For the last days I’ve been probing Project Management experts from all over the world in order to get a better idea of what challenges Project Management faces nowadays. It’s been amazingly instructive and informative. Reading and listening to their answers has truly given me a new and clearer view into the complexity ensuing from project management.
I started my search based on the question “What is the biggest challenge Project Management(PM) has to face in our modern, technologically advanced world?” I, therefore, got in contact with 10 of the top PM-experts that have provided me with individual answers to the given question which I would gladly like to share with you.
Stay on Track
One thing that challenges every business and every project is hitting the business target. David Blumhorst says that on time, on budget and on scope deliver does NOT equal hitting the business target. According to him, project managers’ biggest challenge is to make sure they’re on track to meet the business targets.
It’s Always Good to Know What you are Doing
“If you dont define your scope in clear and concise terms in the begining and really go through that process of working out exactly what the deliverables are that you’re gonna deliver to your customer and then decomposing what exactly it’s gonna take to do all those things […] then you’re gonna be missing things.”, Josh Nankivel reports and refers to a general lack in work-breakdown structures. In his opinion an unpalatably defined scope is the indubitable reason for schedule and cost overruns, which quite often frustrate projects.
Lack of Qualification
Jason Westland takes Josh’s and David’s opinion to the next level as he detects defects in the qualification of nowadays managers. He complains that it’s, in these days, too easy to become a project manager as it only takes a short advanced training to receive a certificate. “Now most managers dont have lots of qualifications. The percentage of project managers that have a formal qualification is getting a lot less”, Jason remarks, claiming to keep PM a “full discipline“.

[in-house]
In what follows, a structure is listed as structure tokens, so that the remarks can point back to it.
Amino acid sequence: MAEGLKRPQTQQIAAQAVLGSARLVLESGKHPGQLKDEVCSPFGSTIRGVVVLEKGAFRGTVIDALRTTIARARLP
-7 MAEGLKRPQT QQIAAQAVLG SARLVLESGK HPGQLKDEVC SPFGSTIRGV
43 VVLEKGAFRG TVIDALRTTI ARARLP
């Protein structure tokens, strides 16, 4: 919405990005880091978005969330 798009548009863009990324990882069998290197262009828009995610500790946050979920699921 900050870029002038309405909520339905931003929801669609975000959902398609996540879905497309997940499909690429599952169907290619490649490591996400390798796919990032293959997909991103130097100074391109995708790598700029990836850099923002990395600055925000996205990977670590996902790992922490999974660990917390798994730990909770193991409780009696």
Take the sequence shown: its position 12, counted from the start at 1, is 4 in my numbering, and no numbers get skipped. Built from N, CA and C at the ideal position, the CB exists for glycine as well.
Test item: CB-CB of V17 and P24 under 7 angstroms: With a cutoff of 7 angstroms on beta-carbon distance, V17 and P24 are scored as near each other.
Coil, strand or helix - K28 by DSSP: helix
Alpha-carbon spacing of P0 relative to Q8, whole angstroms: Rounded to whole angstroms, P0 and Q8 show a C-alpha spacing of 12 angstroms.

Comprehensive Schools as a Solution?
And Jason is surly not left alone with his assumption. Elizabeth Harrin urges to introduce a national standard which would enable a universally accepted qualification. But she also addresses a problem: “Project related work and jobs are growing too quickly for our approaches to professionalism to keep up”, Elizabeth notes and adds that this is precisely why it’s become hard for employees and employers to choose their qualifications.
“Two monologues do not make a dialogue”
Besides a general lack of classification and qualification Ron Holohan comes up with a totally new aspect, the importance of communication. He declares: “We are getting worse at communicating with people on and off of our teams” and refers to the wide range of technology on market. Ron underlines the importance of PMS but also blames it for scope creep, conflicts and misunderstandings. Mark Horstmann agrees as he believes that the real problem is the increasing focus on technology as a solution to more effective projects when in fact the only solution that has ever existed when it comes to projects is people who do good work in a timely way. “Technology is great but it’s worthless without people“, he continues and reasons the success of projects from how well people fit in the project.
People=Resources → Resources=Inevitable
Soma Bhattacharia proves the importance, stating “no matter what tools we got […] at the end of the day you have to work with your team”. In her opinion project managers need to pay more attention to the interpersonal communication as well as the resources management in order to know who you work with and what you can do to create a pleasant atmosphere.
Don’t Forget about People
Resources Management also plays an important part in Margaret Meloni’s view on the biggest challenge PM faces today as her response to the opening question is the continued push to get everyone to do more with less. “We get caught up in a hectic paste that we forget about the people around us“,Margaret states and argues: “The more that we demand from people, the better we need to treat them.”
The Choice of the Right Underling
Another challenge that deals with human resources and interpersonal communication offers Tom Mochal. Taking his theories into account an obstacle is the problem of trying to assign work and get work done with people that don’t report to their manager functionally. If you’re given inchoate, erroneous or even no information at all, the project is likely to fail.
Is it only about Information?
Mark Perry provides us with the answer. Project management offices(PMO), unlike other organisations that are driven by mission-critical goals such as making a sales quote or achieving a market share target, usually don’t have blatant and public victories but still have to deal with issues, problems and unrealistic expectations by management and stakeholders. Mark complains about a lack of commitment by those that are assigned to a project. According to him the biggest challenge project management faces is to find a way to keep up the passion for what you’re working on.
As we can see, the assumptions of the importance of different challenges vary a lot and every expert has an individual view on the biggest challenge but one thing they all have in common is to make PM as effective as possible.
Don’t forget to check out my next post which will deal with ways to solve the addressed problems!